For the OpenGovHack Night for Tuesday March 11th, Chicago CIO Brenna Berman spoke about the city’s initiative to modernize IT procurement.
This was the second time that the CIO has spoken to the civic technology community about the IT procurement process. Berman also spoke at last month’s OpenGov Chicago Meeting— here’s notes from that.
The City of Chicago is holding several public meetings to get feedback on how to improve the IT process. Berman is one of the few CIO’s having these public conversations about IT procurement. It’s a thorny issue that frustrates both residents, users and IT departments alike.
Here’s hack night organizer Juan-Pablo Valez explaining the issue.
And it’s not just cities that are struggling with procurement. Recent problems with the launch of the healthcare.gov website have drawn national attention to the way that governments procure software. Here’s civic technologist and former Presidential Innovation Fellow Clay Johnson talking on MSNBC about the procurement.
The first part of the CIO’s talk was to lay out how procurement works in the City of Chicago and to define some terms used in the procurement process.
Request for Proposal (AKA RFP): An RFP is a document produced by a government agency that asks vendors to make a proposal to solve a particular request. We’ve annotated an RFP on News Genius so you can get an idea for what one looks like. One of the first things you’ll notice that this document is a prodigious length. But the document does describe the process of procurement and includes the terms and conditions that vendors must follow if they do business with the city.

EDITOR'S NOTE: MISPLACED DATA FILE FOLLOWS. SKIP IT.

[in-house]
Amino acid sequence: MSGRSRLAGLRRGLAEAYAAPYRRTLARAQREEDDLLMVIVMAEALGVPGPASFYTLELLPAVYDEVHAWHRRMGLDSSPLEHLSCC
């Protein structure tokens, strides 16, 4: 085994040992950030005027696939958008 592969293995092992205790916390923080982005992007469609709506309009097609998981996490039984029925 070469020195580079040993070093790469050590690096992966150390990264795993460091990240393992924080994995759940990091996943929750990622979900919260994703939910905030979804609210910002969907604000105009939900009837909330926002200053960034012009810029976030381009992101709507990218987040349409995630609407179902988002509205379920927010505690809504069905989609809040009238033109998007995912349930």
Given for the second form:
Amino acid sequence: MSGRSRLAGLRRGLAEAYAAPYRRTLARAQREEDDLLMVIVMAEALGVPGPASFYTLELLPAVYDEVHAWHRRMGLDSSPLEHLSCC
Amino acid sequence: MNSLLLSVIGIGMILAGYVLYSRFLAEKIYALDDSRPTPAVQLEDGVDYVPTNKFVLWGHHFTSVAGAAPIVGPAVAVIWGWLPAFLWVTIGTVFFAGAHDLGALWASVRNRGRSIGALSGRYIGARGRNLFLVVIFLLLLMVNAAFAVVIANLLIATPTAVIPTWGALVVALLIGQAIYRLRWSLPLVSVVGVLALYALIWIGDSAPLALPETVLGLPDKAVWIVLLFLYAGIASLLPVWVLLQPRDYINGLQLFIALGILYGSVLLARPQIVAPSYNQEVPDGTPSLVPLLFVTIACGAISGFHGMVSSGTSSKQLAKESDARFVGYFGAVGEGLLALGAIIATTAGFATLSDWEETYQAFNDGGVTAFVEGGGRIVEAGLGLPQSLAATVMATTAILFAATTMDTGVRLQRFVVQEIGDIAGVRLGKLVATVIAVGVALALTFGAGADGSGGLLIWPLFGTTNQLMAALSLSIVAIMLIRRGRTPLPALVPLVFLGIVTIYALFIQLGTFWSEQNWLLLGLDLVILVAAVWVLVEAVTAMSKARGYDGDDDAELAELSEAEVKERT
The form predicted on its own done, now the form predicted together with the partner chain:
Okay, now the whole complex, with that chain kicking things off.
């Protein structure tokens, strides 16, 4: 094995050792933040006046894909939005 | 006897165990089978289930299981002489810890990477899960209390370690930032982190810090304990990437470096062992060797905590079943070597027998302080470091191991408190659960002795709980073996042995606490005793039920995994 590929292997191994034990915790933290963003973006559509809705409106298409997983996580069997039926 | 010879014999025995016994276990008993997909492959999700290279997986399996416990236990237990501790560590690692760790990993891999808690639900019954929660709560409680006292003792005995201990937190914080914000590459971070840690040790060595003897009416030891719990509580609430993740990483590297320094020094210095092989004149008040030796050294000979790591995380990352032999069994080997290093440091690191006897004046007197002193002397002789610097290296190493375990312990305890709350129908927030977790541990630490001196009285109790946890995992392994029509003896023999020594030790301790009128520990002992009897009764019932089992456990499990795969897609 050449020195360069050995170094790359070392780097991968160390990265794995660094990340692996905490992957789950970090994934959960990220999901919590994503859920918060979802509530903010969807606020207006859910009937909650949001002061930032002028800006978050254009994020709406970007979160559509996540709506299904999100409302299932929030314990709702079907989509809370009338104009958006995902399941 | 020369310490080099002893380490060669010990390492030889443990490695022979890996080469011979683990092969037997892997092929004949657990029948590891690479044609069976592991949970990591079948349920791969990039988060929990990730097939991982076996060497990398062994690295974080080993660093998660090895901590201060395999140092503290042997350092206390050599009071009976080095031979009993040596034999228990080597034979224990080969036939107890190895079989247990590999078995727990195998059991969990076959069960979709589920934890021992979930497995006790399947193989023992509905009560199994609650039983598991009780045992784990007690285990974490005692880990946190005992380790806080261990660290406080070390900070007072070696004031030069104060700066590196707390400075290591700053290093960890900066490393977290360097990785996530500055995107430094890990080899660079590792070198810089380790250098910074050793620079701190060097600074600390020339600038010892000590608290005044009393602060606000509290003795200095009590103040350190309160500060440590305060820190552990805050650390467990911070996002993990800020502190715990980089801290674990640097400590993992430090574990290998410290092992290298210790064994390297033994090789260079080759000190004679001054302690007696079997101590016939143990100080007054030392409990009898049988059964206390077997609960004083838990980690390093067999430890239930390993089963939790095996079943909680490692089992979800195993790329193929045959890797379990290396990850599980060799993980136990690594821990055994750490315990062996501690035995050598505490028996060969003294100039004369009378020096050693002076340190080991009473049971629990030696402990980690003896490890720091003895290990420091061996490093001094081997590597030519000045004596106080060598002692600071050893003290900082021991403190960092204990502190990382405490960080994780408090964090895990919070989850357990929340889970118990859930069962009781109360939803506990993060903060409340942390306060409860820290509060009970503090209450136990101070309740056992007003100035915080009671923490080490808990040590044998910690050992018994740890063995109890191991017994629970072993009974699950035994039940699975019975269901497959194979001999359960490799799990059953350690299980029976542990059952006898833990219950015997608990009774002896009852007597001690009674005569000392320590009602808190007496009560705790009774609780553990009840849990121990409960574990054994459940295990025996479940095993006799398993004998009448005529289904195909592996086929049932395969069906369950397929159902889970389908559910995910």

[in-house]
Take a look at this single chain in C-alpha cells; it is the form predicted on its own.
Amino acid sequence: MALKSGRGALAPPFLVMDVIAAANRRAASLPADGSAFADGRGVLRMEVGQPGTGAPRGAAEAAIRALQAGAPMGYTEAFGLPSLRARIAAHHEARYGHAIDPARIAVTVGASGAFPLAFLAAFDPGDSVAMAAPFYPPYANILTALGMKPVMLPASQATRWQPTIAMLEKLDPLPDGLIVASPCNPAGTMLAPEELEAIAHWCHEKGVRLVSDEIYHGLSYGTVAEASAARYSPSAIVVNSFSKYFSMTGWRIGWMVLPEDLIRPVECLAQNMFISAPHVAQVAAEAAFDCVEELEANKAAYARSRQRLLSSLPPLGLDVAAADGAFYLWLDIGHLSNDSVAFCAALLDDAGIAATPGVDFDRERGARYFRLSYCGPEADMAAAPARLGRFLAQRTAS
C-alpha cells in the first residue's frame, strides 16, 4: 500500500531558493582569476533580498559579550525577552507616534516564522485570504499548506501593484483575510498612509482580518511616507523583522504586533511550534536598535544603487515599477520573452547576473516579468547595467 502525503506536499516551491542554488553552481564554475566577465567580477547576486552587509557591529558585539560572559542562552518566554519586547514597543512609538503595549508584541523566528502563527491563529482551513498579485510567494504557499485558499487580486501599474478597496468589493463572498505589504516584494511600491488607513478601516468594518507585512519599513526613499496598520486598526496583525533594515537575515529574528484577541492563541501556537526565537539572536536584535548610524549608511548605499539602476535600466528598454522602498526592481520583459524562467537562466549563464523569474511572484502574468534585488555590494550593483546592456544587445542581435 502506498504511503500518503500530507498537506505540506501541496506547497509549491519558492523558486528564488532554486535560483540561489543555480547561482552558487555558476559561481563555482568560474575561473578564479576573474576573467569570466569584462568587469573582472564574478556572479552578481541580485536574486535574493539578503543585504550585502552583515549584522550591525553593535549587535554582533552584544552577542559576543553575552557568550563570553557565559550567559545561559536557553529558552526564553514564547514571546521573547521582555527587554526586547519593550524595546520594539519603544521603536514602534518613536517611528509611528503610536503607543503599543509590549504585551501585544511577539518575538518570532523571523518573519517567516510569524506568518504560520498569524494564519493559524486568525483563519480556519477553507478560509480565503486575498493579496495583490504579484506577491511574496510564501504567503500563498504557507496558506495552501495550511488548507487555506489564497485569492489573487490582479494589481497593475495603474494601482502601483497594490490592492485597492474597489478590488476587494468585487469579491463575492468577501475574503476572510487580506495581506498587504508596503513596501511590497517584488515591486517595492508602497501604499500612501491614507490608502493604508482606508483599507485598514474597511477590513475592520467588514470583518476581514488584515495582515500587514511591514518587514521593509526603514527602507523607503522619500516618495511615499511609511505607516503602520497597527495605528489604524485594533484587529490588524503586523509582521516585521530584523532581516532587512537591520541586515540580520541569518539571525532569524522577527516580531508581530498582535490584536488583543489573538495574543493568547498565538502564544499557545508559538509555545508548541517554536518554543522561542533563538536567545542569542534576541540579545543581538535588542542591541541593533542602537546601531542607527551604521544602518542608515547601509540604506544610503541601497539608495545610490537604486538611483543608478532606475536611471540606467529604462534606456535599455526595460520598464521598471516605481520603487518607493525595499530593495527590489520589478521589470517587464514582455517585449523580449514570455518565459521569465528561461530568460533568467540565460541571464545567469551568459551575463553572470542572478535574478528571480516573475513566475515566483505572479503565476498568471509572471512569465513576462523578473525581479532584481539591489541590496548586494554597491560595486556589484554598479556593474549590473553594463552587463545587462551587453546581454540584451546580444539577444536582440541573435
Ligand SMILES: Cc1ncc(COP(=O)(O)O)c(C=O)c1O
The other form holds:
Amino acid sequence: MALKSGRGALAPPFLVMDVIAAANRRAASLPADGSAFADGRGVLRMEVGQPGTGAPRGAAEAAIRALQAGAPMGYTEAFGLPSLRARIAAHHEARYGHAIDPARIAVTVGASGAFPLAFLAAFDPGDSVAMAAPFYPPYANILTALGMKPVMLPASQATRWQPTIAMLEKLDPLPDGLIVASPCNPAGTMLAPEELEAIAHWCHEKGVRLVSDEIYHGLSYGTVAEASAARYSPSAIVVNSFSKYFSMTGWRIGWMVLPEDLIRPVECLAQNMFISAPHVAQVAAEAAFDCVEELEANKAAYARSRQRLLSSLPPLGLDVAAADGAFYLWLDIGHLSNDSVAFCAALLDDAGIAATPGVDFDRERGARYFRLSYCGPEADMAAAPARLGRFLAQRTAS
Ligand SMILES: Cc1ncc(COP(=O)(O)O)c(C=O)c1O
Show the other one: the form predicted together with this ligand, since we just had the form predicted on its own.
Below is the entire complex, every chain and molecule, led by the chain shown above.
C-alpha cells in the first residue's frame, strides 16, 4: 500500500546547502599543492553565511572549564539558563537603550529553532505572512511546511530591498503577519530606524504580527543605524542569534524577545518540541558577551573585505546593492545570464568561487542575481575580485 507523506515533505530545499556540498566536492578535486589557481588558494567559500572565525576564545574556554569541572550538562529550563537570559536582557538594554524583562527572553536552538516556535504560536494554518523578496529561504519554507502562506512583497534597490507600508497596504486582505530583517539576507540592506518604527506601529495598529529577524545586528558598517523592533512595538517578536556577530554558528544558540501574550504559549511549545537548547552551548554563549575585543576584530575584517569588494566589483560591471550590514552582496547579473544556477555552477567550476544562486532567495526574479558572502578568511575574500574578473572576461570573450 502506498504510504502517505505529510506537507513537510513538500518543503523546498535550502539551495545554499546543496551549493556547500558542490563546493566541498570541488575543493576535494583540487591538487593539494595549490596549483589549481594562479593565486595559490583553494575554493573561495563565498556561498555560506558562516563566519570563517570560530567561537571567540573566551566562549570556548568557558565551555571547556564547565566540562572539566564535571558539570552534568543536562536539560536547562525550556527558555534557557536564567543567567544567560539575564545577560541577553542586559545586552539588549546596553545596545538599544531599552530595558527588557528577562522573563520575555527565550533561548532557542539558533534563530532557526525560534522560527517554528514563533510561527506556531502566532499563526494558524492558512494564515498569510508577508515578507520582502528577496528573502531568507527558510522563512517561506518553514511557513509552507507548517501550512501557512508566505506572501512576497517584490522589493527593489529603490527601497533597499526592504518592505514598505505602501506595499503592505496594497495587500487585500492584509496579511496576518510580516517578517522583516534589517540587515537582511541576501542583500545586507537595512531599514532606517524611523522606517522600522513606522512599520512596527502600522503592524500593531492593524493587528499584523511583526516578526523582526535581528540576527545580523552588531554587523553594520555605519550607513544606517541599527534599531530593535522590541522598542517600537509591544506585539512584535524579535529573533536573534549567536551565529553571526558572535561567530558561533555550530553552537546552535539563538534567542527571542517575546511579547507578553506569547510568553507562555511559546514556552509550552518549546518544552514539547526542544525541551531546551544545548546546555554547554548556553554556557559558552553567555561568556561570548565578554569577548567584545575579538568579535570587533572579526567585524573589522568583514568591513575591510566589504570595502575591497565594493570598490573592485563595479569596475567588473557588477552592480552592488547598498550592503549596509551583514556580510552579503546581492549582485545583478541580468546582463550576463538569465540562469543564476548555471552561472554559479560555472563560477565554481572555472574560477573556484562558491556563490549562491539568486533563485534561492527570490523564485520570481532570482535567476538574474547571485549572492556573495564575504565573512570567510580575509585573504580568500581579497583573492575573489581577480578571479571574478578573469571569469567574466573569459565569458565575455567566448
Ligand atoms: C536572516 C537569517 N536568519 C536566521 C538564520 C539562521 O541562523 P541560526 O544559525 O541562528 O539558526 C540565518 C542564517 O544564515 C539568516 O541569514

Request for Qualification: When the city is faced with an issue that requires greater expertise (road construction for example), the city will put out a Request for Qualifications. Vendors who are shown to qualify are then eligible to receive Request for Proposal. An example of this is the city’s Request for Qualifications to create a gigabit internet network.
Task Order Request: When the city has a pre-qualified list of vendors, the city can put up a task order to perform a very particular scope of work that is generally small in scale. (For example, web design.)
Reference Contract: If another city government has already gone through a competitive bidding process for a particular service, the City can award a contract to the same bidder. The contract would have Chicago terms and conditions and would always has the same price or better. The Department of Innovation and Tech
Joint Procurement: Joint Procurement is when the City of Chicago partners up with another government agency to procure an item or service. Most of the time, this happens when the city partners with a sister agency (like the Chicago Park District) in order to leverage volume.
Non-Competitive Board Review: On occasion, there are circumstances where a normal RFP process doesn’t make sense. Most of the time, this is done when the City has made a significant enterprise-wide investment in a software licence and wants to renew it.
Master Consulting Agreements: Occasionally, the city will need consulting services on an as-needed basis. A Master Consulting Agreement is the process for identifying these consultants. Once a vendor has a MCA, the city can put out a task order for a limited scope of work.
Term Agreements: When the city needs a service that lacks a particular deliverables (application maintenance for example) the city will create a term agreement with a vendor.
Deliverable Specific Agreements: These agreements is when the city wants a specific deliverable such as build the city a website for this much money in this much time.
Q & A with Chicago CIO Brenna Berman
Brenna Berman also took the time to answer questions from the audience about procurement. Both the Q & A session from hack night and the OpenGov Chicago meeting are below.